Thursday

4 August 2022

Haggai 1:1-8

Thus says the Lord of hosts: Consider how you have fared. Go up to the hills and bring wood and build the house, so that I may take pleasure in it and be honoured, says the Lord. (vs 7-8)

Psalm 23

Background

In the opening of the book of Haggai, the people of Israel have just got back to Jerusalem after their exile. The city they left 70 years ago is still in a state of disrepair. There is lots to do and the people get to work. But in the opening verses of Haggai, we discover that their priorities have been misaligned. Instead of rebuilding the Temple in Jerusalem, they have been working hard on making their own homes comfortable. They have placed their own needs and desires above the need to set God at the centre of the community.

Using Haggai as a prophet, God speaks to the people. He reminds them that since they returned to Jerusalem they haven't been thriving. They aren’t receiving much from the harvest, and what they do have is not satisfying. Even though they eat they are still going hungry. Haggai suggests that the reason for this is that the people haven’t set goals which honour God, and, as a consequence, all their labouring is in vain. They have prioritised themselves and their own comfort over worshipping God.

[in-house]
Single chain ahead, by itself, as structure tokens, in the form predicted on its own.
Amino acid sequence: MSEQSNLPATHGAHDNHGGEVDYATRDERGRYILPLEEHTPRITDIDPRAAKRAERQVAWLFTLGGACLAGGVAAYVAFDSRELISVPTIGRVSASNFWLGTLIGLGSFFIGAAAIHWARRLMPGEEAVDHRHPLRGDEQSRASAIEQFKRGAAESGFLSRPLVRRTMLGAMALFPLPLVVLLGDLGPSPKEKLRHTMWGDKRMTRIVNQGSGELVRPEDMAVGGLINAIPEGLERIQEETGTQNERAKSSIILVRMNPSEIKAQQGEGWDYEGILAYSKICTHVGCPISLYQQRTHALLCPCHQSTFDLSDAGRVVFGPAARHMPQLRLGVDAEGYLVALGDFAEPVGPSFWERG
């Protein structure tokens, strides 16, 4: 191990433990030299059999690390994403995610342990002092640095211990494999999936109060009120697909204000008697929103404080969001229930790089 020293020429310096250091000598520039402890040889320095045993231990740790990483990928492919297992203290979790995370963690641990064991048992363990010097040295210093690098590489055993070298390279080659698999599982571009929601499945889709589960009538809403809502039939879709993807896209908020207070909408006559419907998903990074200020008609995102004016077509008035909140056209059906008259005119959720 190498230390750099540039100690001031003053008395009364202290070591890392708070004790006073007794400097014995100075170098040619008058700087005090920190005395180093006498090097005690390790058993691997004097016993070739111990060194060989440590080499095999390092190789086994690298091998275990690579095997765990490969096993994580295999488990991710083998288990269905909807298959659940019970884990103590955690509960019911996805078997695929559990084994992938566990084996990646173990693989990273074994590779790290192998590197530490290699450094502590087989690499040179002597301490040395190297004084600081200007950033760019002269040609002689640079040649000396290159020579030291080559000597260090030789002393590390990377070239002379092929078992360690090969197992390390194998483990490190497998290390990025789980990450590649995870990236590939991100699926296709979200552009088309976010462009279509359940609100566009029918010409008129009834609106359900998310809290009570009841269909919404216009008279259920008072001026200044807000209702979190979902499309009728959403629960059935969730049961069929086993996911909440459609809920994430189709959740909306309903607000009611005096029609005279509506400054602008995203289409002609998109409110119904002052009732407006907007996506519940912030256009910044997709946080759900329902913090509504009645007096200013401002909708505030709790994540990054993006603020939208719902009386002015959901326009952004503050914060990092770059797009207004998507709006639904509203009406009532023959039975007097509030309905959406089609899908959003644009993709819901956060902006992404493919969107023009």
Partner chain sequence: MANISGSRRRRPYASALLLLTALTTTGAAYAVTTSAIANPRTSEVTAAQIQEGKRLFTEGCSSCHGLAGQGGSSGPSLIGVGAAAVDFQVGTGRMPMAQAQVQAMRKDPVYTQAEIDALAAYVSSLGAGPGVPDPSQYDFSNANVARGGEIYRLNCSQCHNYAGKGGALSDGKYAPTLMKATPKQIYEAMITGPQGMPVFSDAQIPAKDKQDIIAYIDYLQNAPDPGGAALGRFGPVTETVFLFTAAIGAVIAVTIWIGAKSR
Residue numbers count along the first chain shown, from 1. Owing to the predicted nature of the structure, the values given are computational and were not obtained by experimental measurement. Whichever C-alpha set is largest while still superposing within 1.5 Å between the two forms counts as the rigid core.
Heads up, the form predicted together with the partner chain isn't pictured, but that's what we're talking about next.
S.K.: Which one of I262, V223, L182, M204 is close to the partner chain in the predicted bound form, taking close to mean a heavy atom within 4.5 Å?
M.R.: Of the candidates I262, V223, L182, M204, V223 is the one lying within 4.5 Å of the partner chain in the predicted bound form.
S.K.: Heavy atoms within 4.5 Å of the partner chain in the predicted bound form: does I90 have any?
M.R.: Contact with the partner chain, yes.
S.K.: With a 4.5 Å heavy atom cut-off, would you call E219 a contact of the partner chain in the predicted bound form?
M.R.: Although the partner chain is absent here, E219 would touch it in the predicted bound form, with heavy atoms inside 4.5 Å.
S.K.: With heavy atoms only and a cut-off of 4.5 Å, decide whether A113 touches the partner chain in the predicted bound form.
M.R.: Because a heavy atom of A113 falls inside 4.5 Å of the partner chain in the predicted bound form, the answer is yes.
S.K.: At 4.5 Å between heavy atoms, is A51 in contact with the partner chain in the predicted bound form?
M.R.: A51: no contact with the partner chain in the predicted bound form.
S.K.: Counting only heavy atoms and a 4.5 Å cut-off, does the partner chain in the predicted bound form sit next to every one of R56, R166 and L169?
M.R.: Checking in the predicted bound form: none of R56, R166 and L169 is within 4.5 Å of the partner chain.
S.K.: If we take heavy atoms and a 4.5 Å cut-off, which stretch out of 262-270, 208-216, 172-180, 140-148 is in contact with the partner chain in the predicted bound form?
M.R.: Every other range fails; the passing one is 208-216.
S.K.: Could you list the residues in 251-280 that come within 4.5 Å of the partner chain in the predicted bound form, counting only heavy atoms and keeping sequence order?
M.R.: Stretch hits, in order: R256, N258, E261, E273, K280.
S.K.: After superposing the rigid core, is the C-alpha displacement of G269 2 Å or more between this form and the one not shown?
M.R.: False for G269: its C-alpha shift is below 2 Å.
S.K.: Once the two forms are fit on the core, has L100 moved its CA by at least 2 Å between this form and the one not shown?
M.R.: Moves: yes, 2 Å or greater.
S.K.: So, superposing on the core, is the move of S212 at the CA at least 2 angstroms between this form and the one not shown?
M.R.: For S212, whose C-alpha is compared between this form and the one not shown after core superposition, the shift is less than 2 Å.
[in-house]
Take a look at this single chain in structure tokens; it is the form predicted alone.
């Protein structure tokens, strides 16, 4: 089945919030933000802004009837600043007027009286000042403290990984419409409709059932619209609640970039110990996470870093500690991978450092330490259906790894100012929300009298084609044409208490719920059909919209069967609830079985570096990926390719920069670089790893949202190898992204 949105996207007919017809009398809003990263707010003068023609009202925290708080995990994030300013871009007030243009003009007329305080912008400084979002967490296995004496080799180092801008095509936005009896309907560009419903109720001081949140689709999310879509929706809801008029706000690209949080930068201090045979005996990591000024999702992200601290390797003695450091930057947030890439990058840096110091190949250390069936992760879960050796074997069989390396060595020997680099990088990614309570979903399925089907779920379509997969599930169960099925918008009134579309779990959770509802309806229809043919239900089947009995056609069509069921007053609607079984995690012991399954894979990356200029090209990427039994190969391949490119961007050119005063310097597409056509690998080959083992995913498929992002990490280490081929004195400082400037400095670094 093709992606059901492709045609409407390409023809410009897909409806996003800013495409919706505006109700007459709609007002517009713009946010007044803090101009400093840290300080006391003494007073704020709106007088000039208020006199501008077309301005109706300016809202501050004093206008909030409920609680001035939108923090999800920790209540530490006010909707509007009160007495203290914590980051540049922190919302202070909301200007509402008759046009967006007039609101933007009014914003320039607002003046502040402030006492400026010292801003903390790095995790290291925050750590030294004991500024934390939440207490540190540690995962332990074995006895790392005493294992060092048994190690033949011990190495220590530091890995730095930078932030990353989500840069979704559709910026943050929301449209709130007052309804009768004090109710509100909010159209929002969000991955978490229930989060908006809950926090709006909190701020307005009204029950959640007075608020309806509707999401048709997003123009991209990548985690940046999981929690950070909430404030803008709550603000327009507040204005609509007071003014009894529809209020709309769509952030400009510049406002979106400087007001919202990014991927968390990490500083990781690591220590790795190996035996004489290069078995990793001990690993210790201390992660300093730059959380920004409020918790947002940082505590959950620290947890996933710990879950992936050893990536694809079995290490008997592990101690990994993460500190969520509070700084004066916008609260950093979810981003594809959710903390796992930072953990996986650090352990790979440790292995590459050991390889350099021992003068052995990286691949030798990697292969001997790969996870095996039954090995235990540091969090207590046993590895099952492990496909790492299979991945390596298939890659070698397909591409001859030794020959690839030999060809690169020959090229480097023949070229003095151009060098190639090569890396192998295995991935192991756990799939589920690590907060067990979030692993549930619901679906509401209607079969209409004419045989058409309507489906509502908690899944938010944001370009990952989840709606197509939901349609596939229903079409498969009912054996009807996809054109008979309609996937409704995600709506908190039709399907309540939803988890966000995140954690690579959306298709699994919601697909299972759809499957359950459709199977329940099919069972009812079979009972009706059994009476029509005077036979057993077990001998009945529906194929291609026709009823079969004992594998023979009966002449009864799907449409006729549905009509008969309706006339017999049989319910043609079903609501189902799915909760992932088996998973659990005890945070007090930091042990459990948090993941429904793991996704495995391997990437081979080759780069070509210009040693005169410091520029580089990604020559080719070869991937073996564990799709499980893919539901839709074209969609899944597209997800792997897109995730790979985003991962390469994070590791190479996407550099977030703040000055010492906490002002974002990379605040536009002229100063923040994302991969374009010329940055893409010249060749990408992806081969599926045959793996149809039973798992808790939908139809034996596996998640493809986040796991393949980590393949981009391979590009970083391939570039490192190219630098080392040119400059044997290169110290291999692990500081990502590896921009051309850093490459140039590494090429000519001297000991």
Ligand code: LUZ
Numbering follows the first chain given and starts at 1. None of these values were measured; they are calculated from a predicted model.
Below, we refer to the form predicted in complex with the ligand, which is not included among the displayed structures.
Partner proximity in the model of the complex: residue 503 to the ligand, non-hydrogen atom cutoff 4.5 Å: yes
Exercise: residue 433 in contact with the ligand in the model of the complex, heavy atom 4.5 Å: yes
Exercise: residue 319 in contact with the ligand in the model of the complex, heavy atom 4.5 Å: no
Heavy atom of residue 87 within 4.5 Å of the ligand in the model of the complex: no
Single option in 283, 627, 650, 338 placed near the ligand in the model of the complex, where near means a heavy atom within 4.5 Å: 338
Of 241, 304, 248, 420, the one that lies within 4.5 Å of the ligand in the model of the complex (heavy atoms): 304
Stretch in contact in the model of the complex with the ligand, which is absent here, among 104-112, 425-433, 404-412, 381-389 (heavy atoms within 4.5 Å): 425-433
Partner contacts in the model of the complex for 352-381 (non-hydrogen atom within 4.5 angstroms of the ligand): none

The passage ends with God calling the people to begin rebuilding the Temple. This isn’t just a calling to start the practical work of rebuilding God’s house, but to change their priorities. God is calling on the people to show repentance and faithfulness, so God might once again become the centre of their lives.

What’s interesting about these verses is that it’s not just one person who’s got the wrong priorities, but the whole community. Collectively, they’ve turned in the wrong direction and are now seeing the consequences. There are many parallels we could draw with contemporary society, particularly when we consider systemic issues such as the climate crisis. Collectively, we have chosen to prioritise our own comfort over the flourishing of God’s creation – including other people. We’re all seeing the consequences, as the harvest fails to satisfy, extreme weather rocks people’s lives, and the tools we have to respond aren’t working well enough.

Today, where might we need to turn once again to serving God first? How might serving God enable us to live in a way that all are enabled to flourish, because our resources are enough to go around?

To Ponder:

  • As well as the climate crisis, can you identify any other challenges in society today which call us to realign our priorities with God’s?
  • What are the consequences of these challenges for our communities?

Prayer

God of justice, when we have got it wrong your gracious love calls us back to yourself. Your justice looks like healing, and the chance to try again to serve you faithfully. Where our priorities are misaligned, help us to fix our eyes on you and to seek to honour you first and foremost with our lives. Amen.


Bible notes author

Hannah Fremont-Brown

Hannah Fremont-Brown is the Campaigns and Church Engagement Officer for the Joint Public Issues Team. Her work involves helping to empower local churches to engage with social justice and effective change-making.

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